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More than 500 arts reps decry cuts to Radio 3 specialist schedule

By | Published on Wednesday 20 March 2019

Late Junction

More than 500 representatives from across the arts have signed a letter hitting out at the BBC’s decision to make cuts to the Radio 3 specialist programme schedule.

This follows the announcement of planned changes to the BBC Radio 3 schedule, as part of ongoing attempts to meet government pressure for the Beeb to reduce its overall costs. Although two shows – ‘Jazz Now’ and ‘Geoffrey Smith’s Jazz’ – are to be dropped entirely, most criticism has been levelled at plans to cut experimental music show ‘Late Junction’ from three nights a week to a two hour slot on Friday nights.

Announcing the wider cost-cutting measures last week, Radio 3 controller Alan Davey said: “In making changes we have tried to enhance the distinctive nature of the network, and to make sure we continue to offer a rich mix of music and culture to existing and future audiences. It’s what makes the network the great thing it is”. And as is so often the case, all of that would seem to encompass exactly the things BBC bosses have now decided to cut.

The new letter, published in The Guardian yesterday, responds to the planned cuts and is signed by over 500 people, including musicians, artists, record label owners, venue owners, festival programmers and journalists.

“British jazz is experiencing a renaissance”, they write. “Folk acts are attracting broader audiences. Electronic and experimental music is thriving, and boundaries between genres, media and scenes are being dissolved and swirled into ever more exciting permutations”.

“It is staggering, therefore, that, in the month of its sold out festival in London, ‘Late Junction’ is being reduced from three shows a week to one” they add. “‘Jazz Now’ and ‘Geoffrey Smith’s Jazz’ are being ‘rested’. ‘Music Planet’, Radio 3’s only dedicated programme exploring music from around the world, is having its running time cut by half. We welcome new show ‘Unclassified’, but it has only an hour in the schedules. This is not enough”.

They then argue: “Our culture benefits so much from these programmes. Music lovers tune in to make new discoveries and build new creative communities. Music makers rely on these shows as lifelines to support and share their music with enthusiastic audiences, nationally and internationally”.

“New works and unexpected collaborations have happened either directly or indirectly due to these shows”, the letter goes on. “This flourishing cultural ecosystem will be damaged, and musicians’ careers profoundly affected, as opportunities for their work to be experienced by the mainstream will be drastically reduced, at home and abroad”.

They conclude by urging Radio 3 to “think again about the changes they are making, and how they will profoundly affect our broader culture”.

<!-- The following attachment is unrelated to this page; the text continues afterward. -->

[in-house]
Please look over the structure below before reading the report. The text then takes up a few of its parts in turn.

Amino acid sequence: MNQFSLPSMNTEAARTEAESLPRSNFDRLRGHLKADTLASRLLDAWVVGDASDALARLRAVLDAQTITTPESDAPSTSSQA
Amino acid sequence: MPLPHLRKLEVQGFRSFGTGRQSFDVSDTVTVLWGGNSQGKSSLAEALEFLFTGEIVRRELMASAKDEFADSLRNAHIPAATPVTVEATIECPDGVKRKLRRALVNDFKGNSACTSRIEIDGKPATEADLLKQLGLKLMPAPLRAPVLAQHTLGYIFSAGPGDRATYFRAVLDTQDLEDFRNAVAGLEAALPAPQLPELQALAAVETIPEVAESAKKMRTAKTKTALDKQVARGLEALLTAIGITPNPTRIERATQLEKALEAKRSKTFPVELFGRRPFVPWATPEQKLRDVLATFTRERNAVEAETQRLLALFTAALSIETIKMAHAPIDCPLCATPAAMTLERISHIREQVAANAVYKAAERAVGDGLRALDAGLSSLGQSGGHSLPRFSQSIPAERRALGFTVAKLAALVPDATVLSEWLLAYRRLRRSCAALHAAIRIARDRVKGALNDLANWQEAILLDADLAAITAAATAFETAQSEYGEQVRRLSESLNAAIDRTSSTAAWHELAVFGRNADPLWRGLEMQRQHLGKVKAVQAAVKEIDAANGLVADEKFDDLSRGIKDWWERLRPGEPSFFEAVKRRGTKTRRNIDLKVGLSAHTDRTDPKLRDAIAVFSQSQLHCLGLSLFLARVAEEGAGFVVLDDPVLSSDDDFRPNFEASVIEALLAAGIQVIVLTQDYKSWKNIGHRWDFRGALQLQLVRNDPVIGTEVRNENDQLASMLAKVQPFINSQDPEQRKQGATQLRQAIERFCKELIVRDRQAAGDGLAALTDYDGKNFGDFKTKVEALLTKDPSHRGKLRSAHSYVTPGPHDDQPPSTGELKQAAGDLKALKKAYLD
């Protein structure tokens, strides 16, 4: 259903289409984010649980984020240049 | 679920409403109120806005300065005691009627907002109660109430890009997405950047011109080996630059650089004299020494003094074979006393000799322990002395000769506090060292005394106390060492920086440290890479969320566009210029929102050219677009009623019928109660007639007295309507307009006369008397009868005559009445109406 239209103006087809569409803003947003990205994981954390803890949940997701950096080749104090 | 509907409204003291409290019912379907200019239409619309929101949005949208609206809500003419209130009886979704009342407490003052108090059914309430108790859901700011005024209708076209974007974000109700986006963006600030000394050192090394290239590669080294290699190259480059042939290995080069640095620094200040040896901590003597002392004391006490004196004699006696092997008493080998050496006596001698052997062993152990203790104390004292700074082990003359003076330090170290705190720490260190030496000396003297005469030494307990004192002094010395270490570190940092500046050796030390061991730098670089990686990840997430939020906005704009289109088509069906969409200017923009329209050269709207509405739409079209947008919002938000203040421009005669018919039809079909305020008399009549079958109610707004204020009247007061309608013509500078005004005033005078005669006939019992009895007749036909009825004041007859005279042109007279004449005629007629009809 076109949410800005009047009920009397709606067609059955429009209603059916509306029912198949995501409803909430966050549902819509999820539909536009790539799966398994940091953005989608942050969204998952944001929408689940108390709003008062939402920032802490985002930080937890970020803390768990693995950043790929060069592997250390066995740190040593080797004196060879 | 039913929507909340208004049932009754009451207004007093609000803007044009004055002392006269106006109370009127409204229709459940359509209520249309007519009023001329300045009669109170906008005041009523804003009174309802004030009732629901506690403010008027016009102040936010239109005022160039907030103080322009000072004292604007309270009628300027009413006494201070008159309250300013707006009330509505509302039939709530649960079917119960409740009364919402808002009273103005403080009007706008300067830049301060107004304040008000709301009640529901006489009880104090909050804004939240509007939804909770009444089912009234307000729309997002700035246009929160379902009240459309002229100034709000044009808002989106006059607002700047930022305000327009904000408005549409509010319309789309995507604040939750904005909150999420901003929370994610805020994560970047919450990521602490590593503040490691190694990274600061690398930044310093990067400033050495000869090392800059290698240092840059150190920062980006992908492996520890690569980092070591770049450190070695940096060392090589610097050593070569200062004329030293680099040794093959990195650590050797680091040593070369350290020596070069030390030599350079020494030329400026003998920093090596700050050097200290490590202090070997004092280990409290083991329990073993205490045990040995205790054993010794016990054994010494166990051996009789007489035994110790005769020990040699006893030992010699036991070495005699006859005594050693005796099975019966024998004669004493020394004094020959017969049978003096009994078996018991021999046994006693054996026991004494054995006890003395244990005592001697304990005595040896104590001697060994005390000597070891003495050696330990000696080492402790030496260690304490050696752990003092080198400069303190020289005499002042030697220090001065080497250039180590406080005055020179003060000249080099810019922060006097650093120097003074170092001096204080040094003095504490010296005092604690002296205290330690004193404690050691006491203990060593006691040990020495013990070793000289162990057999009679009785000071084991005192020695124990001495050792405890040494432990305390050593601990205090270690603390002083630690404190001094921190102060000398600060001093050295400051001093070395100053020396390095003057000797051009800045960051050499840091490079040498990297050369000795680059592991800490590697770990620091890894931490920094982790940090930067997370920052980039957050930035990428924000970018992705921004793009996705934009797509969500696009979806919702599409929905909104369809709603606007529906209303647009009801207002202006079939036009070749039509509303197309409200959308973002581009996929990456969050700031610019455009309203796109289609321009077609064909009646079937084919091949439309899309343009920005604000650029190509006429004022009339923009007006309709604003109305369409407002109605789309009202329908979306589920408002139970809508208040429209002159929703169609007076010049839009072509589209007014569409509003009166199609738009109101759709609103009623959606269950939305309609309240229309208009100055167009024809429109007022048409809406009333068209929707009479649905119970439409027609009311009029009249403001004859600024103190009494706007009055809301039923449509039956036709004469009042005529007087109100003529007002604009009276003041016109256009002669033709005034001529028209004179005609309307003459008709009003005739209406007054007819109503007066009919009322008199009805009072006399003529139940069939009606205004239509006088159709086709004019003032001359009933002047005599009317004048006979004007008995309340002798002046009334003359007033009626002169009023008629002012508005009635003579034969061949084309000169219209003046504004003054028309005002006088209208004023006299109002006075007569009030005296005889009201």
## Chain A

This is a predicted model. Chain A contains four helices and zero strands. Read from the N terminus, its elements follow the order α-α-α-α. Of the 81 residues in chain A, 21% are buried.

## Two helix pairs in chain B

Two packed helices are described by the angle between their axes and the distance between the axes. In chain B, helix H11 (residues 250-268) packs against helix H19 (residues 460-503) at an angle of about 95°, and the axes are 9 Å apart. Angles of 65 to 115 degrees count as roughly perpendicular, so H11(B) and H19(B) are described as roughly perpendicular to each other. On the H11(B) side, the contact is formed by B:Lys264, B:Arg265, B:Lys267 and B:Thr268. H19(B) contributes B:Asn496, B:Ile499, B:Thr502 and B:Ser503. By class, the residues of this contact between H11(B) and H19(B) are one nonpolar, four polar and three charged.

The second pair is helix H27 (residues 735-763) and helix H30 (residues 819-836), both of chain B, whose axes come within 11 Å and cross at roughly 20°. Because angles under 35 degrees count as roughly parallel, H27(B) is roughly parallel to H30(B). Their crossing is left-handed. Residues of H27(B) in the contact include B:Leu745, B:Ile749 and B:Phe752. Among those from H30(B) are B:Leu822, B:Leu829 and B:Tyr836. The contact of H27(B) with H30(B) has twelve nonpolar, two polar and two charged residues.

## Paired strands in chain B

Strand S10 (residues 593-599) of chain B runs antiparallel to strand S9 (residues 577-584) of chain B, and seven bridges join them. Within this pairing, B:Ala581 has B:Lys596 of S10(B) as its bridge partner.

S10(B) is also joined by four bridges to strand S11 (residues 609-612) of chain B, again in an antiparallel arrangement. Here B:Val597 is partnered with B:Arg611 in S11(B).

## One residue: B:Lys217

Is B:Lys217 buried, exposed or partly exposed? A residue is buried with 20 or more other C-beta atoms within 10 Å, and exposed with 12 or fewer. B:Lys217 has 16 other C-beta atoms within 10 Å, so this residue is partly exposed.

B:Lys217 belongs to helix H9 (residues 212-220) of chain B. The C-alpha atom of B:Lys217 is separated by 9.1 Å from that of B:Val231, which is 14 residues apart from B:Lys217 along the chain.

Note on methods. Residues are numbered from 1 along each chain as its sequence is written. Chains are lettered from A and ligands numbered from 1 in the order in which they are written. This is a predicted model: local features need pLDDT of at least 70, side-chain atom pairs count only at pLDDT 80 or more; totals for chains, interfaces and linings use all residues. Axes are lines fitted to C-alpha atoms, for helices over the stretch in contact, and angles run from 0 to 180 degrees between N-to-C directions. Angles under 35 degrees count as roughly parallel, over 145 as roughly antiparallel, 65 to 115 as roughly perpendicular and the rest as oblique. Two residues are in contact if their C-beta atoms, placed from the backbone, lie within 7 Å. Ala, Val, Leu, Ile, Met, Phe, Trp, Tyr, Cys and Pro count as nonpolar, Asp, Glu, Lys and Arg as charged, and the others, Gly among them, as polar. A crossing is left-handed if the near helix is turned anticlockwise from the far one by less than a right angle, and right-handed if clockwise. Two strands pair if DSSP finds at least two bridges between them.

As well as this, songwriter group BASCA has published an open letter to Davey, also urging him to reconsider the cuts to Radio 3’s output.

“When questions arise as to whether Radio 3 is ‘dumbing down’, our first line of defence as composers is to site those programmes which uphold the BBC’s mission statement ‘to enrich people’s lives with programmes and services that inform, educate and entertain'”, says BASCA’s letter. “This would include ‘Composer Of The Week’, ‘Hear And Now’, the live evening concerts, ‘Music Matters’, ‘Record Review’, ‘Private Passions’ etc, but particularly ‘Late Junction’ and ‘Jazz Now'”.

“‘Late Junction’ and ‘Jazz Now’ are important”, it continues. “They are varied and unpredictable and explore areas that no other programmes do. They provide exposure to some of the most under represented artists and cultures. ‘Late Junction’ cuts across genres and is gender blind. These last two elements alone are culturally vital at this time and make it a beacon of public service broadcasting”.

“‘Late Junction’ and ‘Jazz Now’ self-evidently ‘inform, educate and entertain'”, it continues, returning to the broadcaster’s core values. “We are therefore particularly concerned to learn of the BBC’s decision to cut the weekly broadcasts of ‘Late Junction’ from three to one and that ‘Jazz Now’ is to be axed. BASCA represents music creators in their totality and no other BBC programmes support such a wide variety of living writers and performers with such consistency and erudition”.

BASCA says it is supporting an online petition to save ‘Late Junction’, which has already gained almost 5000 signatures.

This is not the first time the BBC has attempted to cut programming that differentiates it from commercial broadcasters and in the past public campaigns have been successful in reversing BBC decisions like this.

Most successful, of course, were the campaigns to save BBC Radio 6 Music and the BBC Asian Network in 2010. While the BBC is placed in a difficult position when told by government to save £800 million, making those savings by dropping niche but popular programming that supports the development of new music and emerging music makers always appears counterproductive.